The iX has retained some of the styling of the original iNext concept car, including a large grille that is likely to prove controversial. It also follows the popular "SUV coupe" styling trend, with a fairly low roofline combined with a high-riding SUV body. So while the iX roughly matches the gasoline X5 in length and width, it's closer to that model's X6 sibling in height, according to BMW. The body structure consists of an aluminum space frame and "Carbon Cage" to save weight, while the shape of the body gives the iX a drag coefficient (Cd) of 0.25—the same as a Tesla Model X.

One electric motor powers each axle, enabling all-wheel drive. Combined output is 500 horsepower, which will get the iX from 0-62 mph in under 5.0 seconds, according to BMW. The automaker said these fifth-generation electric motors were also manufactured sustainably, without using rare earth metals.

A 100-kilowatt-hour battery pack provides 372 miles of range on the European WLTP testing cycle. BMW said that should be equivalent to 300 miles on the United States EPA testing cycle, but also noted that figures hadn't been finalized. The iX is equipped for DC fast charging at up to 200 kilowatts, allowing for a 10% to 80% charge in 40 minutes, or recovery of 75 miles of range in 10 minutes, according to BMW. With the 11-kw onboard charger, Level 2 AC charging should take less than 11 hours, the automaker said.

BMW designed the iX with advanced driver-assist features in mind. It has 20 times the computing power of previous vehicles, the automaker said, and sensors are cleanly integrated with the bodywork. BMW even gave the iX an octagonal steering wheel that, the automaker has said, helps drivers identify which way the steering is pointed when taking over from an automated system. However, details of this driver-assist tech were conspicuously absent from BMW's press release.

As a dedicated electric model, the iX essentially represents the reboot of the BMW "i" sub-brand, which began with the i3 electric car and i8 plug-in hybrid. It's one of several new electric models from BMW.

In 2019, BMW announced that it would launch 12 new electric cars (along with 13 plug-in hybrids) globally by 2025. But the automaker soon pulled ahead those plans, saying a few months later that it would have 25 new "electrified" models on sale by 2023, the majority all-electric.

But BMW then decided not to bring the iX3 electric SUV, made in China, to the U.S. While the gasoline X3 is BMW's bestselling model in the U.S., the iX3's relatively short predicted range, and the fact that it was designed only with rear-wheel drive, led to concerns that it would be a poor fit for this market.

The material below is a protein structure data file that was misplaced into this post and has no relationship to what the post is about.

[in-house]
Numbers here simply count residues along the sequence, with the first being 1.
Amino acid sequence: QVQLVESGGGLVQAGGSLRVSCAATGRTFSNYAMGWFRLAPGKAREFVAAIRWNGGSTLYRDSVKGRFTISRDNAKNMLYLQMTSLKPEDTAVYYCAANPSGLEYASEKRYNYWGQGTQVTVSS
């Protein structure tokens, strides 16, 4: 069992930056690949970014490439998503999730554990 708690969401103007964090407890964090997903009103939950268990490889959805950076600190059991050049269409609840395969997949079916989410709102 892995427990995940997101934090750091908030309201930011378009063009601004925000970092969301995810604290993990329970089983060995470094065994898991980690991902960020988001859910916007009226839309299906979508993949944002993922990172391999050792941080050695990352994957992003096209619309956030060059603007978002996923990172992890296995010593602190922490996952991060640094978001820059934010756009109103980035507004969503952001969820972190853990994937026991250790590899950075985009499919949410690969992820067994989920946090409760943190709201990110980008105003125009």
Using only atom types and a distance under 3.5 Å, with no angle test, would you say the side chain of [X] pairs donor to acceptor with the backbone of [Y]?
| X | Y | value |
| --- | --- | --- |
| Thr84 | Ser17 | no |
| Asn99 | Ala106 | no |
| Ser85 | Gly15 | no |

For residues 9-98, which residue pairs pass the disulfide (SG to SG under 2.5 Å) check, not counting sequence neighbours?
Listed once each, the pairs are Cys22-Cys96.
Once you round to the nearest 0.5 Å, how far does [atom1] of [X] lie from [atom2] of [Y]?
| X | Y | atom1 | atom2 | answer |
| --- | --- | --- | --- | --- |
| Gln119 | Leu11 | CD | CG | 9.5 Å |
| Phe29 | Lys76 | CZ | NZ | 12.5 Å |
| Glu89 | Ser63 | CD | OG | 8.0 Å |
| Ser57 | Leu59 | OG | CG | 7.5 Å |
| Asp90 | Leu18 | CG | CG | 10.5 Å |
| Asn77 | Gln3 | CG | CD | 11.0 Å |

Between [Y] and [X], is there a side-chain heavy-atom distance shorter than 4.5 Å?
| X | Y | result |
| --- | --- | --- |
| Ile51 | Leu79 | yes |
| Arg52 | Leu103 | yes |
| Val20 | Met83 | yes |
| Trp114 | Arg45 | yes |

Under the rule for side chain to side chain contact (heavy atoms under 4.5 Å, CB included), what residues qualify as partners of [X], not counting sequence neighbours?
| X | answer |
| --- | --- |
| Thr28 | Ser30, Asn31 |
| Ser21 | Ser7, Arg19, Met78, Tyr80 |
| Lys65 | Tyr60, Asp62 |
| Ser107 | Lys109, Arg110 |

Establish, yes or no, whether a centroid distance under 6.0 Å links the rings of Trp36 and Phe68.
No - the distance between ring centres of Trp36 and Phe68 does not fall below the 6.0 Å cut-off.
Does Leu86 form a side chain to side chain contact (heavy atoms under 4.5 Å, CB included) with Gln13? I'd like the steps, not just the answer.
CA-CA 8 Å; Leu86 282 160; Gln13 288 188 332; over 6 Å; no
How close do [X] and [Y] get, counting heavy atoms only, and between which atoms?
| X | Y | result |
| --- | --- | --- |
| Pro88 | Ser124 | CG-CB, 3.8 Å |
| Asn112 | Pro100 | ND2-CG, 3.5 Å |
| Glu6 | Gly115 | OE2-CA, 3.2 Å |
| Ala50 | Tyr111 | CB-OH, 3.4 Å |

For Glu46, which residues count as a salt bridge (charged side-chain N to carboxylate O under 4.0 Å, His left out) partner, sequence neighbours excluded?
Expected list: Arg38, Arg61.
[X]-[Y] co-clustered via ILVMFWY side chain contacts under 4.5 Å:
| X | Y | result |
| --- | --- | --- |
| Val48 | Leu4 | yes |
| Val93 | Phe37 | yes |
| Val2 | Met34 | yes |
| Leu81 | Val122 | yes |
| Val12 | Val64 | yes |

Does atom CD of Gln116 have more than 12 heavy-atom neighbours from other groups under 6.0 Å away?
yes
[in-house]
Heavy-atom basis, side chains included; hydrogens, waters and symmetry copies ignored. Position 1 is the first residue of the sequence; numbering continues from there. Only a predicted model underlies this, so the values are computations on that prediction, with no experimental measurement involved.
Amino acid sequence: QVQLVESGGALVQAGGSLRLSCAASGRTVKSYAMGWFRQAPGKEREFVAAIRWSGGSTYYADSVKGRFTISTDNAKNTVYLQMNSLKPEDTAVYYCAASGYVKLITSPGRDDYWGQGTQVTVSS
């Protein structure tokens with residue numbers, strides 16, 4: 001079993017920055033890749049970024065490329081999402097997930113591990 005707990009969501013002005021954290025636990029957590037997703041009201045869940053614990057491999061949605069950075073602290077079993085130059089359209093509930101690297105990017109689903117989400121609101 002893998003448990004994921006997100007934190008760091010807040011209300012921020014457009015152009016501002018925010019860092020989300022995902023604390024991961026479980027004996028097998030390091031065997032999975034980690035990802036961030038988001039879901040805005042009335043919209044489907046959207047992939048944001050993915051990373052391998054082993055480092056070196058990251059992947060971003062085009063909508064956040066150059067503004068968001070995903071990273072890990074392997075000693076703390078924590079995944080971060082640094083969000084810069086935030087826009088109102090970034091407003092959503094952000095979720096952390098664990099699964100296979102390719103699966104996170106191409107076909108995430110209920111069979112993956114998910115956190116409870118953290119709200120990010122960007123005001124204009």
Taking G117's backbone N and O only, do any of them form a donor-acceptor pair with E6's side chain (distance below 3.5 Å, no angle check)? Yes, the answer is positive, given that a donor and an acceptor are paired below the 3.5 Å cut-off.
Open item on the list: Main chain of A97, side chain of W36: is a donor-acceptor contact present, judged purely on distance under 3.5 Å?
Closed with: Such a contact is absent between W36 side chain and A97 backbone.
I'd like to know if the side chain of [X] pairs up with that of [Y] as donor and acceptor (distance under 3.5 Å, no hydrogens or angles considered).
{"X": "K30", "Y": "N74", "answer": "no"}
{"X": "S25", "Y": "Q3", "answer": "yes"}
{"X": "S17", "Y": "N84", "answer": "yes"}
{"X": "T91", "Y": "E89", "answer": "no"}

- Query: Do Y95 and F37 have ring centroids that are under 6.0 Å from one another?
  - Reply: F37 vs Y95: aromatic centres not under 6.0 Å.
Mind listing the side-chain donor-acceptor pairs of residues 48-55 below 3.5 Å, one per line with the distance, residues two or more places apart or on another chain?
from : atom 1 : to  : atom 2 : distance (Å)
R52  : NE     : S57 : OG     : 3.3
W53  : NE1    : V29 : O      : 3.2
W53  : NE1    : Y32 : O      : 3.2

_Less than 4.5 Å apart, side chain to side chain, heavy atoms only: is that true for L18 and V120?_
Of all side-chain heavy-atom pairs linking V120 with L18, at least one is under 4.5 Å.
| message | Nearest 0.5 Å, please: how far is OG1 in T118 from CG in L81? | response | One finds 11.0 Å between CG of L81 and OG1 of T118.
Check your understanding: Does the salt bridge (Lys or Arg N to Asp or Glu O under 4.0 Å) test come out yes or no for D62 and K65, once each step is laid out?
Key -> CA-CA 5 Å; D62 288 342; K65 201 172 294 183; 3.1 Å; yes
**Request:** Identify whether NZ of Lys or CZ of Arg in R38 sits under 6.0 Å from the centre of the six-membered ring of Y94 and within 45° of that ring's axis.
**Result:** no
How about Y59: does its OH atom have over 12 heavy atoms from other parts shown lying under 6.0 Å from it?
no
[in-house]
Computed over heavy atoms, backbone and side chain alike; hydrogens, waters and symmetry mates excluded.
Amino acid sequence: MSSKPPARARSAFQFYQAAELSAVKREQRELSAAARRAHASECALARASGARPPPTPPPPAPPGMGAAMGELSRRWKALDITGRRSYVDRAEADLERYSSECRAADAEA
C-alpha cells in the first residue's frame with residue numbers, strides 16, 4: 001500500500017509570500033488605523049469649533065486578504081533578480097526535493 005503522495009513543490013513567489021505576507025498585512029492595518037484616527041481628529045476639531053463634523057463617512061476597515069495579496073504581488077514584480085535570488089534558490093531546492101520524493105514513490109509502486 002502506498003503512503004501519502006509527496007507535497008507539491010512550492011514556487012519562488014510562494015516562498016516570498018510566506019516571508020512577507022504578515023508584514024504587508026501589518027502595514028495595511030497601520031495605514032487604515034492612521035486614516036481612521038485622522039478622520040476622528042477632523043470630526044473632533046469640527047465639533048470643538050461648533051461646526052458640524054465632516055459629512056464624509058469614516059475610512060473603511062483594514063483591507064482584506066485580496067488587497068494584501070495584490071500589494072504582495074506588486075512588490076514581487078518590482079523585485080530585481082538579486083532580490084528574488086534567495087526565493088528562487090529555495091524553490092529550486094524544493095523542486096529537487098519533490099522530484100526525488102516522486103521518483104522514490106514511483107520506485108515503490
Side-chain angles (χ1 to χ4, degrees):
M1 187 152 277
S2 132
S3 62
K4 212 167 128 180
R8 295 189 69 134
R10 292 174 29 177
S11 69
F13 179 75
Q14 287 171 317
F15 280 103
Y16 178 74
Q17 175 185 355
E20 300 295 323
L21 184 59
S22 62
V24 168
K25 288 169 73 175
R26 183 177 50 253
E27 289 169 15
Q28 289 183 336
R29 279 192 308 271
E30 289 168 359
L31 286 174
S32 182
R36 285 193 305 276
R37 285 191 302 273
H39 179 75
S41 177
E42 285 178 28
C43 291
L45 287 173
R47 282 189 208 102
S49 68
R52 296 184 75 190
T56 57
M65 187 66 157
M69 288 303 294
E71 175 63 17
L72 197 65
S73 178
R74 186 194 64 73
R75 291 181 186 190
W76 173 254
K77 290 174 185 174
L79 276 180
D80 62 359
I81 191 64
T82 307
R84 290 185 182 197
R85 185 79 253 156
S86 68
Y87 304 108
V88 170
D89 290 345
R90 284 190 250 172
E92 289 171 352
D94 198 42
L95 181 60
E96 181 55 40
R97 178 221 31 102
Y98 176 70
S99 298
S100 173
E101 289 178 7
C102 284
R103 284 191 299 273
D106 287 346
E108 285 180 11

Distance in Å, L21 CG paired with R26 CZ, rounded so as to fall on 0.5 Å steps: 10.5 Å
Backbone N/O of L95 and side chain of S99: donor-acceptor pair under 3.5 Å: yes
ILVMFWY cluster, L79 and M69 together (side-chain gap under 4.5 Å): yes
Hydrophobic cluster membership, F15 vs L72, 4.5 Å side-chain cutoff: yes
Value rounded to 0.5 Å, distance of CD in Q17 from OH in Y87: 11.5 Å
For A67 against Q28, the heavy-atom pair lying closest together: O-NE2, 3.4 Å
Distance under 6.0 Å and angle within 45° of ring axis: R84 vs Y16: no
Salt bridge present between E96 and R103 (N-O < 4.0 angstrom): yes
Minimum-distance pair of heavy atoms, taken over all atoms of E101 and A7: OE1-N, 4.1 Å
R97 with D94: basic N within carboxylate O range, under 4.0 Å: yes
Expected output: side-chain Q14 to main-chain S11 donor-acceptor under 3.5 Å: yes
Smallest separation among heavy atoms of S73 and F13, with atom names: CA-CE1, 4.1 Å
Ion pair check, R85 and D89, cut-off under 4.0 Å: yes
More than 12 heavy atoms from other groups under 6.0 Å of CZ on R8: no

Source: Green Car Reports


A racer of vintage cars, Jim Farley has spent his first few weeks as Ford Motor Co. ’s chief executive thinking about one of the company’s more utilitarian models: a cargo van. Ford is planning an electric version of the Transit, the top-selling U.S. van, used by plumbers, delivery companies and other businesses. Set to go on sale next year, the vehicle highlights two pillars of Mr. Farley’s growth strategy: extend Ford’s lead in commercial vehicles and add new subscription services that will generate profit after the sale.

Source: The Wall Street Journal


Although President Obama threw a lifeline to U.S. automakers after the financial crisis, many in the industry were unhappy that his administration also was responsible for fuel economy rules that pushed carmakers to their limits. But the inauguration of former Vice President Joe Biden, who worked hand in hand with Obama to set the tough regulations, will be a welcome event for the industry. That’s because Biden will bring something that manufacturers from Volkswagen to General Motors to Tesla badly need: help selling electric vehicles. Major automakers and startups alike will collectively spend $230 billion before the end of Biden’s first term to bring dozens of EVs to market, according to Alix Partners.

Source: Bloomberg


General Motors Co. is halting production of its Chevrolet Corvette on Thursday and Friday after the Mexico supply chain was impacted by new coronavirus restrictions, according to an alert sent out by the automaker and obtained by The Detroit News. This is the second time in the last month that GM has had to halt production of its mid-engine Corvette for a supply issue.

Source: The Detroit News